The word is also often used in the Buddhist context to describe Buddhist monks or a Householder devoted to meditation. The Shiva Samhita, an ancient Sanskrit text on yoga, defines the yogi as someone who knows that the entire cosmos is situated within his own body. The Yoga-Shikha-Upanishad distinguishes two kinds of yogins: those who pierce through surya (the "sun") by means of the various yogic techniques and those who access the door of the body's central meridian of energy, and drink the nectar.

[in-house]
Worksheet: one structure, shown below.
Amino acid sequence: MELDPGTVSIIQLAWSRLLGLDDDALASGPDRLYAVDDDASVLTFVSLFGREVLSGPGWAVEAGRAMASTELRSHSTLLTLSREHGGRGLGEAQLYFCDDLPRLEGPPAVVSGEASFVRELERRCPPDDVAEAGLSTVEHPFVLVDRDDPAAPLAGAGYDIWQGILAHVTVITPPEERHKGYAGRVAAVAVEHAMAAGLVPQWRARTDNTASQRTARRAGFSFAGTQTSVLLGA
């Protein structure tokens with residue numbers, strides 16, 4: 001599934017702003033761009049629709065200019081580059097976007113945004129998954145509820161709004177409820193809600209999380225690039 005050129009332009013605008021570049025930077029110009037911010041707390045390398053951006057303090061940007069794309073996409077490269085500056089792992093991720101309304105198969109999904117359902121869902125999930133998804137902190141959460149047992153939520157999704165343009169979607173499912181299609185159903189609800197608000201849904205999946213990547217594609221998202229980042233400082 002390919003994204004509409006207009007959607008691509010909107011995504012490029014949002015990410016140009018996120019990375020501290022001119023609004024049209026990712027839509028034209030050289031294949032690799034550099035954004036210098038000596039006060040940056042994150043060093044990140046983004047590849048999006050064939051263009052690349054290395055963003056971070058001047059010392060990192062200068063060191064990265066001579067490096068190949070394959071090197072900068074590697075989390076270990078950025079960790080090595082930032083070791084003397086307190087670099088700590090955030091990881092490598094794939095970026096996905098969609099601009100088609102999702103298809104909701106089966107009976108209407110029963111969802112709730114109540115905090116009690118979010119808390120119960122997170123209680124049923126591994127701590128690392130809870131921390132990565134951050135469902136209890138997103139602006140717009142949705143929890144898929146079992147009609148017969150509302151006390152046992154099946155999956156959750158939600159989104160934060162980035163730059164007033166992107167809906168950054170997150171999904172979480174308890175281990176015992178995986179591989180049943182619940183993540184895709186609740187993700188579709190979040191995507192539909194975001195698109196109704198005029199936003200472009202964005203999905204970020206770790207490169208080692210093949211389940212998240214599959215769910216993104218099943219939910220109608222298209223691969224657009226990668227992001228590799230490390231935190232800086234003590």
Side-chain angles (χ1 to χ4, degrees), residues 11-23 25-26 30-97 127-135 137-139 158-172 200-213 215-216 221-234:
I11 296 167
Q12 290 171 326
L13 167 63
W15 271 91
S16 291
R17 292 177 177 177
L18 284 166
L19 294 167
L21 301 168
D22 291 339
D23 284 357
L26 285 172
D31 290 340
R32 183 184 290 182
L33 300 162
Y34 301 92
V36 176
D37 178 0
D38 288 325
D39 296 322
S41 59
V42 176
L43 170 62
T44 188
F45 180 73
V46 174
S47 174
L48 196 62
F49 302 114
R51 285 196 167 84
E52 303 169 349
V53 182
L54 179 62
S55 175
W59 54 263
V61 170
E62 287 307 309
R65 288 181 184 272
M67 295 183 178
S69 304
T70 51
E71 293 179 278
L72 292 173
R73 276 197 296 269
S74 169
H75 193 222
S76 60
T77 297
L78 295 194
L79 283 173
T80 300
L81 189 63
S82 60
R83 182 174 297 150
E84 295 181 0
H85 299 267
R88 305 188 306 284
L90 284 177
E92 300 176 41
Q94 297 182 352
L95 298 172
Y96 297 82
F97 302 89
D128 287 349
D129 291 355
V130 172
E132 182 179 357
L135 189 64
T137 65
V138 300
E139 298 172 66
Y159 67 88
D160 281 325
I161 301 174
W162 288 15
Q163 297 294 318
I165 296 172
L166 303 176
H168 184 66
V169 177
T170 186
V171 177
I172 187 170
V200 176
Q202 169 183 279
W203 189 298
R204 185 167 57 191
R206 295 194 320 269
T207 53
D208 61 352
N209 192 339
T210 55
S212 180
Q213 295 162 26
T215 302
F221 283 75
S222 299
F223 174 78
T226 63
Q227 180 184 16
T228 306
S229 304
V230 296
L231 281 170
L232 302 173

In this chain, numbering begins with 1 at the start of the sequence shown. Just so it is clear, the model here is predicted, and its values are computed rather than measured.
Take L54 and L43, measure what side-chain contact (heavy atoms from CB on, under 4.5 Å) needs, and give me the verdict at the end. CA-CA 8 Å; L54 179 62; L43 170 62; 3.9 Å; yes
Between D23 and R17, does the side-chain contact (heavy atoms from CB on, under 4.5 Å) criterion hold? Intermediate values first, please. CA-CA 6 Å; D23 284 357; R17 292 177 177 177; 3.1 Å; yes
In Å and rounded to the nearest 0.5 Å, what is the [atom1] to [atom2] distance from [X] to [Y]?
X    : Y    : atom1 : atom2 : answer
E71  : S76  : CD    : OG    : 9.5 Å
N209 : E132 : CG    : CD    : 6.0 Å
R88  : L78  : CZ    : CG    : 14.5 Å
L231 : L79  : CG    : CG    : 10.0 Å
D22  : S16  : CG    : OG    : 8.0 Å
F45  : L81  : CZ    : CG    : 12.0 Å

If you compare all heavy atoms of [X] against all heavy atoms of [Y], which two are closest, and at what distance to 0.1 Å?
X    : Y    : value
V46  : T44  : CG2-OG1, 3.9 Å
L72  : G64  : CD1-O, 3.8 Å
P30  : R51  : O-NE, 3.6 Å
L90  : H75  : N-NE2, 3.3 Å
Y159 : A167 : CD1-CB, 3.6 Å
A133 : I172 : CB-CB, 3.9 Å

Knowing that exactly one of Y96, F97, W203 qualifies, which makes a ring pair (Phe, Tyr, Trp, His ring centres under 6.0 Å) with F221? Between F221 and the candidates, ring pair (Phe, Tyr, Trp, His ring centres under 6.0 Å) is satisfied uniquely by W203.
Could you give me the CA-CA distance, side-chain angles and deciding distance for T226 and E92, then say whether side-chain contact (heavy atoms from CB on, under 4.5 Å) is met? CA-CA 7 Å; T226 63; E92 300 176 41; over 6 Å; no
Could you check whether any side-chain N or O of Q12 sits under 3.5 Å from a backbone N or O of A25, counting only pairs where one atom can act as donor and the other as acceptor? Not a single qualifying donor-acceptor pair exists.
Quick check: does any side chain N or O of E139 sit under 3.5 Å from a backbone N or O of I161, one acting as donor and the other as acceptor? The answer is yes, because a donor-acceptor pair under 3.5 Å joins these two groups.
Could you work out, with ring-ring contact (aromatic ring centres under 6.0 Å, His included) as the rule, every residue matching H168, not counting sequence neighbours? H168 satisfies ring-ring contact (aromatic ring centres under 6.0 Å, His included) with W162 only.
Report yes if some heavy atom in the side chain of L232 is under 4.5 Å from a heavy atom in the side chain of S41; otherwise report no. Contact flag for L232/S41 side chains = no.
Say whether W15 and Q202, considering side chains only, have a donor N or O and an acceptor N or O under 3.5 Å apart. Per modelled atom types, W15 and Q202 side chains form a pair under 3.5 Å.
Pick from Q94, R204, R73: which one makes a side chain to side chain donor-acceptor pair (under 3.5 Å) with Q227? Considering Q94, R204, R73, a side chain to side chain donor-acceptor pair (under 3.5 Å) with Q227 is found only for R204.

The word comes from Sanskrit Yugam (to yoke or join together).
- As two animals are joked to the plow, the yogi seeks to join one's earthly presense with his/her 'universal presense' or Akal Purakh, just as the earthly Guru guides one out of anamalistic darkness into the light of divine presence - Akal Purakh.
Georg Feuerstein, The Shambhala Encyclopedia of Yoga; Shambhala Publications, Boston, 2000 p. 321, 350.